Customer Review

80 of 85 people found the following review helpful
5.0 out of 5 stars Shame, December 26, 2011
Directed by Steve McQueen, "Shame" explores sexual addiction, alienation, and loneliness in contemporary New York City. With its many sex scenes, the film manages to be unerotic. The movie and its actors have received numerous accolades. The acting is convincing and the scenes of city life well drawn. Many viewers will find this film disturbing.

The film stars Michael Fassbender as a successful 30ish professional named Brandon who cannot control his sexual appetites or channel his sexuality into a relationship. Brandon is both a predator and a victim. He is apparently able to pick up attractive similarly lonely women on the spot for short encounters. Brandon also uses the services of prostitutes. When he is home alone, he watches pornography and camgirls on his computer. He gets confronted with a wide range of pornographic material on his office computer. He is unable to function in an attempted relationship with a coworker, Marianne, (Nichole Beharie) which involves attempted emotion beyond sex. Fassbender plays this role well in his lines, dress, gestures, and facial expressions. He has a sense of decency and is at war with himself.

The other primary character in "Shame" is Brandon's younger sister Sissie played by Carrie Mulligan. Sissie has suicidal tendencies and is emotionally needy. She moves in with Brandon early in the film and the emotional tension mounts between the siblings as the movie progresses. Each sees the serious, devastating issues in the life of the other. Brandon's sexual addition and his relationship with Sissie become intertwined and form the two themes of this movie.

The movie makes have use of atmosphere to establish the sordid character of Brandon's mind. There are many scenes of crowded subways which capture the lonely, solitary character of much urban life. There are pick-up scenes in bars, from the fancy to the seedy, which stress lack of emotional connection. The movie shows several scenes of paid sex between Brandon and various women together with the shame and sadness felt by both parties. The musical score is ominous and brooding, punctuated by Glenn Gould playing Bach and by various pop songs. Sissie is trying to make it as a singer and, in a pivotal scene of the movie, offers a rendition of "New York New York" in the company of Brandon and his boss.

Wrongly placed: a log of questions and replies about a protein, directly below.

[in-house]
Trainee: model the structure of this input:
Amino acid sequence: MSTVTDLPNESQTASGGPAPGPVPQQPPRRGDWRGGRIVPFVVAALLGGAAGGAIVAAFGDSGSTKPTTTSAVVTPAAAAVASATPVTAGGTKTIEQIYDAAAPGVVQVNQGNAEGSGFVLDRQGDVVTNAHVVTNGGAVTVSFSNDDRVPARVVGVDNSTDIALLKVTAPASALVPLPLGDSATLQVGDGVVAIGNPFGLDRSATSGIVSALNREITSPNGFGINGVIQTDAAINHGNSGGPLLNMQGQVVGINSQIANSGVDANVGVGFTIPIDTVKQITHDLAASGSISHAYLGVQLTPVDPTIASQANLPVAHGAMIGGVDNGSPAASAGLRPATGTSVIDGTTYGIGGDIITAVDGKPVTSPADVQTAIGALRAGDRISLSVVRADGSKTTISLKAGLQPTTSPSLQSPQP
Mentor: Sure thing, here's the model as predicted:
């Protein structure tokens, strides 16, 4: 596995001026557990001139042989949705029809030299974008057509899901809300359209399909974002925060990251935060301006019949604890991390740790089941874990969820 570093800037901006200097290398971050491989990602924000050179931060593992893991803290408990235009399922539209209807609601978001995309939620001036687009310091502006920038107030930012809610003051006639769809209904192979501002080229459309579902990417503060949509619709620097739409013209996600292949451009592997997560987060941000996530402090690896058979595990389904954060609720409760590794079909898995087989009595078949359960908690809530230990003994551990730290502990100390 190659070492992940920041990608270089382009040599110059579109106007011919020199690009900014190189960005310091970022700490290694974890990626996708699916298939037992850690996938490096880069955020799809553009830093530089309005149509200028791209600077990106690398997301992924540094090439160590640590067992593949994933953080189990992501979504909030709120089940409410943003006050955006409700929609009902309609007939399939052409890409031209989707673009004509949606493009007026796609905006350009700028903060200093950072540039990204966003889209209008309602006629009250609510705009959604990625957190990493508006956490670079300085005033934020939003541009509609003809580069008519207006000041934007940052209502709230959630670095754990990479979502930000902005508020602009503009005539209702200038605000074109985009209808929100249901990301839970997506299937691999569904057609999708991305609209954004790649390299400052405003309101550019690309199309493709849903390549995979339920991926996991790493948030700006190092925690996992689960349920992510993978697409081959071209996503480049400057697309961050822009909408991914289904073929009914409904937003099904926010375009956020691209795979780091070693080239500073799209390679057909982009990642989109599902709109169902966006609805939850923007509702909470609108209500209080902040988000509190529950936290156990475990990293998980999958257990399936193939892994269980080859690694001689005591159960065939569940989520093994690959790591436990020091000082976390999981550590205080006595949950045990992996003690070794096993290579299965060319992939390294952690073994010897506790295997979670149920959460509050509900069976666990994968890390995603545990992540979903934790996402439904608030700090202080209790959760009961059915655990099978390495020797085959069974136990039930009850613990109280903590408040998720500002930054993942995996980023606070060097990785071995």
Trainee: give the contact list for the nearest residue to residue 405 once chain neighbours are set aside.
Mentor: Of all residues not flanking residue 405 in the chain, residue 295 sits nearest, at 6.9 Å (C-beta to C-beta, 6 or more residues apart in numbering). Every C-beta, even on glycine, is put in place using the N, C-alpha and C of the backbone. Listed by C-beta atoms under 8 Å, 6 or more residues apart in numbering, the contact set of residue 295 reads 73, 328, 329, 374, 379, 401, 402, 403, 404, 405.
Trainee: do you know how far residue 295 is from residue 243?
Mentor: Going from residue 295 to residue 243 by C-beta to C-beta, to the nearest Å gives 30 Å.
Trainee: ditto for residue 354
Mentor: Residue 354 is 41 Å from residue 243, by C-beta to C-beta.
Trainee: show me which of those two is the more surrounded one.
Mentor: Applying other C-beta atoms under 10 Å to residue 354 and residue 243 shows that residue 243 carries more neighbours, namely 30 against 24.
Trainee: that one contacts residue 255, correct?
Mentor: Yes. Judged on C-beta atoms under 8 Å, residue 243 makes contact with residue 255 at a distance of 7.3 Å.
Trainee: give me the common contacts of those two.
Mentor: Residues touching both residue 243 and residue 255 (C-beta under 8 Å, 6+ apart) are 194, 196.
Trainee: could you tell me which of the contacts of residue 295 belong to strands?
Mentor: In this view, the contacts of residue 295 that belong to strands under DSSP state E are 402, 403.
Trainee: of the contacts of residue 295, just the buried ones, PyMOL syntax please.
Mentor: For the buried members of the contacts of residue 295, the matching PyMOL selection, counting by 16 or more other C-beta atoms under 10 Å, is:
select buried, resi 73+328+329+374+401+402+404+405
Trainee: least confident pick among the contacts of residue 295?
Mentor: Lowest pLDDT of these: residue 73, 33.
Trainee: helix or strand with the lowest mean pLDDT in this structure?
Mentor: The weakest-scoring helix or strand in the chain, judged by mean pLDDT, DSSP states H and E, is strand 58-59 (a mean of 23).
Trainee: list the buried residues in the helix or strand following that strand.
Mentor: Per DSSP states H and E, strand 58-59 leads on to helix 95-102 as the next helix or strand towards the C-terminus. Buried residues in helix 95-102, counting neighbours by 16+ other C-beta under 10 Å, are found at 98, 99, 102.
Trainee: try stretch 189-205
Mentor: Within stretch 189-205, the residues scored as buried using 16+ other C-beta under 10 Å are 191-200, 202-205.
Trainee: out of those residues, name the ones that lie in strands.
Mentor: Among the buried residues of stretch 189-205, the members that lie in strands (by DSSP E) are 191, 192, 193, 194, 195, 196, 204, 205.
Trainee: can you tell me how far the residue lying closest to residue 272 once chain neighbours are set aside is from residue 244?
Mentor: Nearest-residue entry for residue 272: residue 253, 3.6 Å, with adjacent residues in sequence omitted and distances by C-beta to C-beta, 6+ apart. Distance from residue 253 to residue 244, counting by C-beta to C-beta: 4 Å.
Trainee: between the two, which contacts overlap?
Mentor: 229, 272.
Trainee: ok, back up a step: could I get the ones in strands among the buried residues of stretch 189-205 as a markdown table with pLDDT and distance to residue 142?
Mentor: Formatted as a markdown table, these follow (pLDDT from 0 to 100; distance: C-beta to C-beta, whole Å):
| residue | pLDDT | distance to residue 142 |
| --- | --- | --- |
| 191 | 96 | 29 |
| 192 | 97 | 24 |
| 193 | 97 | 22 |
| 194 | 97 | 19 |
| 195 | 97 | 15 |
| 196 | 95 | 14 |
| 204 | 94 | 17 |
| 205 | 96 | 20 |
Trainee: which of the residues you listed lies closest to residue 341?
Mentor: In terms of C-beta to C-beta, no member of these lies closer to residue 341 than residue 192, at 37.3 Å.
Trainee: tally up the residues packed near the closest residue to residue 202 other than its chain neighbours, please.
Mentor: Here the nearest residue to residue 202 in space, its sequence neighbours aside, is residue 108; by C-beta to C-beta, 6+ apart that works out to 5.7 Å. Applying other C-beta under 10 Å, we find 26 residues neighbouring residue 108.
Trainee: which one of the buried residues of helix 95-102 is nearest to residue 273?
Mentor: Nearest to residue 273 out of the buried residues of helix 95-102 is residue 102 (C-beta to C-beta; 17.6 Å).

The movie includes substantial nudity, male and female. To their credit, the producers declined to soften the movie to receive an "R" rather than a "NC-17" rating. The movie offers an effective portrayal of how sex can become a narcotic to deal with loneliness in a harsh world.

Robin Friedman
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Showing 1-5 of 5 posts in this discussion
Initial post: Dec 26, 2011 9:37:46 PM PST
Last edited by the author on Dec 26, 2011 9:37:57 PM PST
H. Schneider says:
My daughter was lukewarm about this film, but I tend to follow your advice and look for it anyway. H

Posted on Jan 18, 2012 1:49:14 PM PST
"...at war with himself..." Who's winning ? You're right, though, about the NC-17--- It would be ridiculous without that creepy feeling of the full-on, ahh, err, well we all know the details... One more thing: Carey Mulligan looks like a 25-30 year-old, but see it again and notice her true age is that of a 10-11 year-old ...& something real bad just happened to her. CHILLING.

Posted on Jan 23, 2012 3:26:08 PM PST
RMurray847 says:
You said "The movie offers an effective portrayal of how sex can become a narcotic to deal with loneliness in a harsh world" but I would argue it actually shows that sex is a TOTALLY INEFFECTIVE way to deal with the loneliness in the world.

Your review offers many excellent points...I'm just taking slight issue with your summation.

In reply to an earlier post on Jan 24, 2012 7:24:39 AM PST
I don't think we disagree. When I wrote that sex was a "narcotic" I implied that it was ineffective -- a bad crutch.

In reply to an earlier post on Feb 1, 2012 2:27:11 PM PST
B. LaBoomba says:
I just want to add to what R. Friedman has said. This may just be semantics, but what I got was that 'the movie' showed an effective protrayal, not that sex is actually an effective way to deal with loneliness, etc. At least, that's how I read it.
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Robin Friedman
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Location: Washington, D.C. United States

Top Reviewer Ranking: 71